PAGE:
This research was supported by the National Research Foundation of Korea (NRF) grants funded by the Korean government (NRF-2020R1A2C1010229 to Heeyoon Cho and NRF-2020R1F1A1048475 to Yong Un Shin).


1. Park YS, Byeon SH. Cytomegalovirus retinitis after intravitreous triamcinolone injection in a patient with central retinal vein occlusion. Korean J Ophthalmol 2008;22:143-4.
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2. Vertes D, Snyers B, De Potter P. Cytomegalovirus retinitis after low-dose intravitreous triamcinolone acetonide in an immunocompetent patient: a warning for the widespread use of intravitreous corticosteroids. Int Ophthalmol 2010;30:595-7.
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3. Bogie GJ, Nanda SK. Neovascularization associated with cytomegalovirus retinitis. Retina 2001;21:85-7.
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4. Schneider EW, Elner SG, van Kuijk FJ, et al. Chronic retinal necrosis: cytomegalovirus necrotizing retinitis associated with panretinal vasculopathy in non-HIV patients. Retina 2013;33:1791-9.
5. Cho J, Siegel N, Subramanian ML, et al. Rapidly progressive neovascular glaucoma from cytomegalovirus retinitis in a non-human immunodeficiency virus patient. Retin Cases Brief Rep 2021;15:62-4.
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Fig. 1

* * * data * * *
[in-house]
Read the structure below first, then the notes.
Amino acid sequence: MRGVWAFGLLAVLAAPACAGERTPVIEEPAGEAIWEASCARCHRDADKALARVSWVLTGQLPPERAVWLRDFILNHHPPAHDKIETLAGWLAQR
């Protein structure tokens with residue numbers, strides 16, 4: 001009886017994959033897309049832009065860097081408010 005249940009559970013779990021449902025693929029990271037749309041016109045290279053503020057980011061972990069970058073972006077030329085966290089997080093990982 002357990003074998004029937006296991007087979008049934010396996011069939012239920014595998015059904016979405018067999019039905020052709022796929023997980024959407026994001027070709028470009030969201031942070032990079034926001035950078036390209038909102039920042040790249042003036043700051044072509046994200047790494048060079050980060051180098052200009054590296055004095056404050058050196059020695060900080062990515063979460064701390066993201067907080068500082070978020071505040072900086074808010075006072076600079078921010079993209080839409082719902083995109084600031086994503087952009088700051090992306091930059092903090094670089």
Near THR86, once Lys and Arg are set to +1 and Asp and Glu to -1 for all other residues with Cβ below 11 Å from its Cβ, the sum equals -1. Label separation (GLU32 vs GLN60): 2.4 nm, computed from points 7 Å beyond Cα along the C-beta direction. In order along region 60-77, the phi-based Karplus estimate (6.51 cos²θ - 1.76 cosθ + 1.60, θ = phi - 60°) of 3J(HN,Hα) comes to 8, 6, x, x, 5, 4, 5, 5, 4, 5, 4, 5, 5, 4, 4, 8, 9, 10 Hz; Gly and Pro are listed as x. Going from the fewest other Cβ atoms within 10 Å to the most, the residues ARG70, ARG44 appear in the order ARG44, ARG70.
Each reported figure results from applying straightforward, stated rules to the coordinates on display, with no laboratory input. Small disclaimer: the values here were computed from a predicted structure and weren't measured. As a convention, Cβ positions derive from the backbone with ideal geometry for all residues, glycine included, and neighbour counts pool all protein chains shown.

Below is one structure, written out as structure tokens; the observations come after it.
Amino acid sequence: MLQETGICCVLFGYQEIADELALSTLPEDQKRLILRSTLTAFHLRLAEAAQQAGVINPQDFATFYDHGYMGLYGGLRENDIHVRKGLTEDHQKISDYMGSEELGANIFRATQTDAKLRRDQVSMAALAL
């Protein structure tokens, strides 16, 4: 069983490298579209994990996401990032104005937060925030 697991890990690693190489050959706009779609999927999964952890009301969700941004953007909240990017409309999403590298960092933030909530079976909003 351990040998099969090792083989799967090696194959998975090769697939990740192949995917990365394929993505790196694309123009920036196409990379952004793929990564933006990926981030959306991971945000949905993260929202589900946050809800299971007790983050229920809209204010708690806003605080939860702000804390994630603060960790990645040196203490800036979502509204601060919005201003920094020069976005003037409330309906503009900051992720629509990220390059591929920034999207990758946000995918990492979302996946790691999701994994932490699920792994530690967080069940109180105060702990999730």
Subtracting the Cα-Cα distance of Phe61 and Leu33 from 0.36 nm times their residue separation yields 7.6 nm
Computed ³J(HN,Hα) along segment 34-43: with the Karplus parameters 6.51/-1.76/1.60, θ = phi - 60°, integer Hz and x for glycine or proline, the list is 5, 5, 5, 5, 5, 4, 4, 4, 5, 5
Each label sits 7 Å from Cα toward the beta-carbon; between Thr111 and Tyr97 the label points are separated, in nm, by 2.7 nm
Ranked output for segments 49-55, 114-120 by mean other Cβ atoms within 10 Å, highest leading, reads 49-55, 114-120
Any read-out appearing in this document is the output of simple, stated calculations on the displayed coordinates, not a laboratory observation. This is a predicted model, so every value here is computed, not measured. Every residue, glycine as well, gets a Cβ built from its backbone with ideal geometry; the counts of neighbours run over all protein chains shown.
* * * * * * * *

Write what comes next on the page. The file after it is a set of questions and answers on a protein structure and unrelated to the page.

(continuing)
Changes of retinal capillary nonperfusion area and status of contralateral eye. Wide-field fundus photography and late phase of fluorescent angiography at (A,B) 4 months after intravitreal triamcinolone acetonide injection and 3 months after initiation of (C,D) antiviral therapy and (E,F) contralateral eye. (A) Note the foci of retinitis (black arrowheads) associating retinal whitening, hemorrhages, vascular sheathing, and generalized retinal vascular narrowing in the 10 o’clock and 4 o’clock positions. (B) The granular hyperfluorescence in the 10 o’clock and 4 o’clock positions is seen (yellow arrows). (C) The size of retinal infiltration markedly decreased. Retinal vascular narrowing and hemorrhage are seen. (D) The granular hyperfluorescence at the area of retinitis in the 10 o’clock and 4 o’clock positions is seen. The capillary nonperfusion area (red arrows) was further expanded. (E,F) In the contralateral eye, some retinal hemorrhages were observed, and there were no suspicious findings such as dye filling time delay or nonperfusion area on the wide fluorescent angiography. The patient provided written informed consent for publication of the research details and clinical images.